Recognizing this sad fact does not mean giving in to an image of Lithuanians as a nation of Jew-shooters and to the demagogy of collective guilt. Naturally, many Lithuanians feel defenseless in the face of these cruel facts and grasp at any means of psychological self-defense that are sometimes reminiscent of breaking down an open door. Yes, the Jewish genocide in Lithuania was organized and planned by the Third Reich, and it is clear that the Holocaust is unimaginable without the German Nazis and Hitler himself. Yes, there were also other Lithuanians, people of noble spirit, who rescued Jews (according to the latest data of the Vilna Jewish Museum, there were rather more of them than the small handful, often mentioned with bitterness). Yes, there were Jewish Communists (but who claims that all Jews are moral and all Lithuanians bad?). Finally, as every historian knows, in historical and personal testimonies, in the records of investigations, and especially in memoirs there occur inaccuracies, categorical assessments, and sometimes even vexing errors (all of which expand the areas of operation for those fond of apologetic dilettantism). The historian’s job is to explicate the sources, sometimes even to harmonize contradictory data. Of course, researchers themselves do not always agree in their assessment of events and the significance they give to them, all the more so because a phenomenon as complex as the Holocaust provides many opportunities for different scholarly interpretations (here, I do not mean the squalid exploitation of this subject or the opportunistic manipulation of facts). In all probability, disputes will continue for a long time about how many Lithuanians participated, how many Jews perished, the identity of the most important culprits, the motivations of the killers, etc. In a free civil society historiographical disputes like these are conducted with goodwill and in a civilized manner.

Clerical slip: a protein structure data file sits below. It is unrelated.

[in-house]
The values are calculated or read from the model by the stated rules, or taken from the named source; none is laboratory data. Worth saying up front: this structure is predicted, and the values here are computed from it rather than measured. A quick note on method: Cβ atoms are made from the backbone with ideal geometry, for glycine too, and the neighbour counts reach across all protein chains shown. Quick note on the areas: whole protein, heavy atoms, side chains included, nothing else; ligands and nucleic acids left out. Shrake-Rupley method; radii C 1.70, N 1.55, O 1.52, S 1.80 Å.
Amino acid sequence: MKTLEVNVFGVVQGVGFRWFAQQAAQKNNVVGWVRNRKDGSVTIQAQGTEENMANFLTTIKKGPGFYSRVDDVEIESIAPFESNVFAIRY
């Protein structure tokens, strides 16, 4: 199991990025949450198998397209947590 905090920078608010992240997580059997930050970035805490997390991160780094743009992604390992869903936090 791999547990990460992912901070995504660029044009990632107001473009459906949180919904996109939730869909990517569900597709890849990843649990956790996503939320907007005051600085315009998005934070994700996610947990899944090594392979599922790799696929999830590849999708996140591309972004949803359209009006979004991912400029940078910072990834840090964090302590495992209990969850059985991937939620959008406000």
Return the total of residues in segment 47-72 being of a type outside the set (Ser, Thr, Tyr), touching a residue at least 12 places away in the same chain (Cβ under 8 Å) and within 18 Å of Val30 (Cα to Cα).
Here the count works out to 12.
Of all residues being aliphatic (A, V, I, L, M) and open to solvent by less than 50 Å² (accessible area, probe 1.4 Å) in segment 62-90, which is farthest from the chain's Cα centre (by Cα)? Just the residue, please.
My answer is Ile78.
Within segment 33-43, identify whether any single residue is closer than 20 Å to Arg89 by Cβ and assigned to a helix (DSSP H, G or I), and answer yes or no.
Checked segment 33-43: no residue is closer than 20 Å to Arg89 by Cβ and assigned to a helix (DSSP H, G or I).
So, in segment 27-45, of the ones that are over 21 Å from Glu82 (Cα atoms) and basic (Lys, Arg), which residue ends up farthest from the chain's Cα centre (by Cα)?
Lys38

And yet no disputes about interpretations (or details) can deny the fact, as the poet Tomas Venclova has written, that “in late June 1941 Lithuanians, in the presence of a Lithuanian crowd, destroyed defenseless people and even that during the 20th century many nations, perhaps even all nations, did something similar. And I, as a Lithuanian, am obliged to speak about the guilt of my own people.” However, the problem of Lithuanian participation in the Holocaust can also be approached objectively. Some will ask: were there many or few such Lithuanians? In attempting to answer this question, the historian Solomonas Atamukas acknowledged that correctly determining the number of culprits is hampered not only by the intricacies of arithmetic but also by the problem of defining guilt. Nevertheless, one must suppose that his conclusion is logically acceptable: “[T]he entire process of persecuting the Jews — pogroms, plundering, forcing into ghettos, guarding, relocating, marching-transporting, and shooting — involved thousands of local people. Although that was a tiny part of a population of roughly 2.7 million, it is at the same time a large number of people who committed crimes against humanity.” But why on earth, as one can often hear the question, pick at the wounds of the past? Lithuanian society will hardly be able to climb out of the post-Soviet spiritual pit without assimilating into its consciousness the lessons of this tragedy, one so great that it is without precedent in modern history. It is precisely the Holocaust that shows us most clearly where race hatred, political demagogy based on ethnic stereotypes, a lack of tolerance, and disregard for moral and civic values lead.